Instead the leadership has opted for a naïve flirting with the flag. The Daily Telegraph reported that Paul Williams handed out St George’s cross flyers to voters to put in their windows during the campaign.

In the face of the most nationalistic Conservative government seen in recent times, does anybody seriously believe that Labour can – or even should – compete in this game of false patriotism? Paul Mason observed: “Blue Labour-lite does not beat the full-throated xenophobia and targeted back-handers on offer from the Tories.”

Talk radio host James O’Brien, referring to the tensions over fishing rights in the Channel Islands, tweeted: “Deploying actual ‘gunboats’ on the day of an election was a stroke of Machiavellian genius. Starmer has the air of a man who turned up for a knife fight with a pair of moth-eaten boxing gloves.”

Nor, Paul Mason argues, can Labour assume that while it plays with these symbols, its progressive urban, younger voters will necessarily stick with the Party. “The current politics of the Labour front bench,” he concludes, “are a massive turn-off for that part of the UK population, which – though a significant part of the working-age electorate – has been stigmatised as woke, irrelevant and unpatriotic.”

A truly unifying strategy would find a bridge between Labour’s growing number of metropolitan supporters and the old Labour heartlands outside the cities, focused on economic recovery, green jobs and properly funded public services. It’s not rocket science: it was the basis of Corbyn’s 2017 appeal, before the division over Brexit derailed the strategy.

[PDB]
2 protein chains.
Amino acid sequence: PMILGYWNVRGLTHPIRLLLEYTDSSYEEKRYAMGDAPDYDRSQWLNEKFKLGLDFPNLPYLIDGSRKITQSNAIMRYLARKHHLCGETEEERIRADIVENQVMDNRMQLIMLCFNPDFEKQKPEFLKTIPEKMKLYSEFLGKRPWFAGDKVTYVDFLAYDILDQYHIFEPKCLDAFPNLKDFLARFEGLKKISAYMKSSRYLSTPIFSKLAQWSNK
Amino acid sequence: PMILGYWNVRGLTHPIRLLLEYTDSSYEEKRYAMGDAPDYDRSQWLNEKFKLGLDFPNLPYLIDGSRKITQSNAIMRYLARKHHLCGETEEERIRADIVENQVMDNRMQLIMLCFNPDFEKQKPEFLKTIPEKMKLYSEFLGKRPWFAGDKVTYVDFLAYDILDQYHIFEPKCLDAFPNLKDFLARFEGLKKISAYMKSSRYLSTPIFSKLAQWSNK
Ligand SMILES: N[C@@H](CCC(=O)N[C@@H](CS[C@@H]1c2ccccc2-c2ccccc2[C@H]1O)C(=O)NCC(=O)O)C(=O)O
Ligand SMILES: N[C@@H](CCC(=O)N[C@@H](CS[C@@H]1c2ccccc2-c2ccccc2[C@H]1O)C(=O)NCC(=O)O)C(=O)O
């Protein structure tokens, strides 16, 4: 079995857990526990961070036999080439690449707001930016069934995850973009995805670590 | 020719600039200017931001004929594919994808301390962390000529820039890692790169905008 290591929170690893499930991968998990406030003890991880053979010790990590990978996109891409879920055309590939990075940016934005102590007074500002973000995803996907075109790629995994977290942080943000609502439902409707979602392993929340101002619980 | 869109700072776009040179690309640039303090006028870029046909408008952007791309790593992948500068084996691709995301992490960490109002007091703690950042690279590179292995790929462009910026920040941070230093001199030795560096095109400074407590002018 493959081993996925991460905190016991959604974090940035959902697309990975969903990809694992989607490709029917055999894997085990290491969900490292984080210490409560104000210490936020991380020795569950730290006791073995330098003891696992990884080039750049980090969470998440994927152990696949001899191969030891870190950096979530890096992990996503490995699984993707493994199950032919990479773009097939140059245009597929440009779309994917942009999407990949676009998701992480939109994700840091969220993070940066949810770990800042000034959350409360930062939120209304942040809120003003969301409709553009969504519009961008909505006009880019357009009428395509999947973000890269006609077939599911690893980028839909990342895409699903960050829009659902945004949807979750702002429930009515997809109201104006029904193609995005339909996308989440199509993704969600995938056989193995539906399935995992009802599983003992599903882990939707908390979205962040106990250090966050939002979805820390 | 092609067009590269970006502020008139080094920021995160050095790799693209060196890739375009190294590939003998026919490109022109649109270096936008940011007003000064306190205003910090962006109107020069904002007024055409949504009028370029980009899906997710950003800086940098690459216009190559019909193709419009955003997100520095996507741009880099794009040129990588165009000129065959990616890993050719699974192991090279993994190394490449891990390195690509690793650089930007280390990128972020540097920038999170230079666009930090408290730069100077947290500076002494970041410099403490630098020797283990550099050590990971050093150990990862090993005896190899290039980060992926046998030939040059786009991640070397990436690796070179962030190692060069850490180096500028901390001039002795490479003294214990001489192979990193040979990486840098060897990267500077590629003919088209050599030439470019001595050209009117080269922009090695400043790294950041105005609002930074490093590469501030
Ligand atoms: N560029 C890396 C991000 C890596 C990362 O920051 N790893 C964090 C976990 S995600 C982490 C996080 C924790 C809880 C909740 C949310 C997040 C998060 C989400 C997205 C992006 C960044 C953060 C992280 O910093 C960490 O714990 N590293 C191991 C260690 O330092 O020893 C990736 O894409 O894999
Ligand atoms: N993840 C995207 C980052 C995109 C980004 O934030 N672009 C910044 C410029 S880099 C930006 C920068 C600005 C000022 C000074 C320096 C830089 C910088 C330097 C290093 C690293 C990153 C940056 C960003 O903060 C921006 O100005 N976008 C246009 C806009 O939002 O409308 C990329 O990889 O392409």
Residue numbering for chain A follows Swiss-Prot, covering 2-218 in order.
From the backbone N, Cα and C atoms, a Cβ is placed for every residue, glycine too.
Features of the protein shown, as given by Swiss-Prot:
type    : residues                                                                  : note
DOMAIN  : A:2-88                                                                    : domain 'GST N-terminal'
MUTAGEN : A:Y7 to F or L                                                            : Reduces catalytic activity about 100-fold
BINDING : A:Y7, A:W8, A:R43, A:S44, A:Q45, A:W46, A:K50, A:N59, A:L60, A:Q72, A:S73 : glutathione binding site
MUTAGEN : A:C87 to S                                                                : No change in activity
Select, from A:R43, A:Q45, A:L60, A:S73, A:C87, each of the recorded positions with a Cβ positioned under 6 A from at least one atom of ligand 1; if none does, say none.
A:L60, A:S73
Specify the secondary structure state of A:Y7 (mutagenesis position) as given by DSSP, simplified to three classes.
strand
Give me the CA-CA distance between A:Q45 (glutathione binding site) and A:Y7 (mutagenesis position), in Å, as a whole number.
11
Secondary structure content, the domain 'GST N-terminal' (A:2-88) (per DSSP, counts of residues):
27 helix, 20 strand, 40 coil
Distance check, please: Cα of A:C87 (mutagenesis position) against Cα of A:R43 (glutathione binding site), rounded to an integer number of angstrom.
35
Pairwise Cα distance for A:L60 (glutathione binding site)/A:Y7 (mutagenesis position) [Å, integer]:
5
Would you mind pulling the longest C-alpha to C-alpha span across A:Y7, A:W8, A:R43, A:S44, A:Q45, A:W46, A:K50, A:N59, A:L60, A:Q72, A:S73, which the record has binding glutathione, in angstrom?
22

It will require building a coalition of supporters to rival the Tories, not emulate them. The likely landslide by which Manchester mayor Andy Burnham will get re-elected shows what is possible. It also underlines that a return to the politics of Tony Blair is not remotely feasible in a country transformed by urgent needs – in relation to housing, the environment, the economy, health and much more – that the Tories are incapable of addressing.

But none of this will be possible without ending the right wing’s attacks on Party members and bringing Jeremy Corbyn back into the Party to make full use of his unsurpassed campaigning abilities and ability to relate to Labour voters of all kinds. Whether Keir Starmer has the ability or desire to make these changes looks doubtful, but without them, do not expect an improvement in Labour’s electoral fortunes any time soon  – in the ‘red wall’ or anywhere else.

Mike Phipps is editor of the Iraq Occupation Focus e-newsletter, available at https://lists.riseup.net/www/info/iraqfocusHis book For the Many: Preparing Labour for Power was published by OR Books in 2018.

Image: Keir Starmer speaking at the 2020 Labour Party leadership election hustings in Bristol on the morning of Saturday 1 February 2020, in the Ashton Gate Stadium Lansdown Stand; Author: Rwendland; licensed under the Creative Commons Attribution-Share Alike 4.0 International license.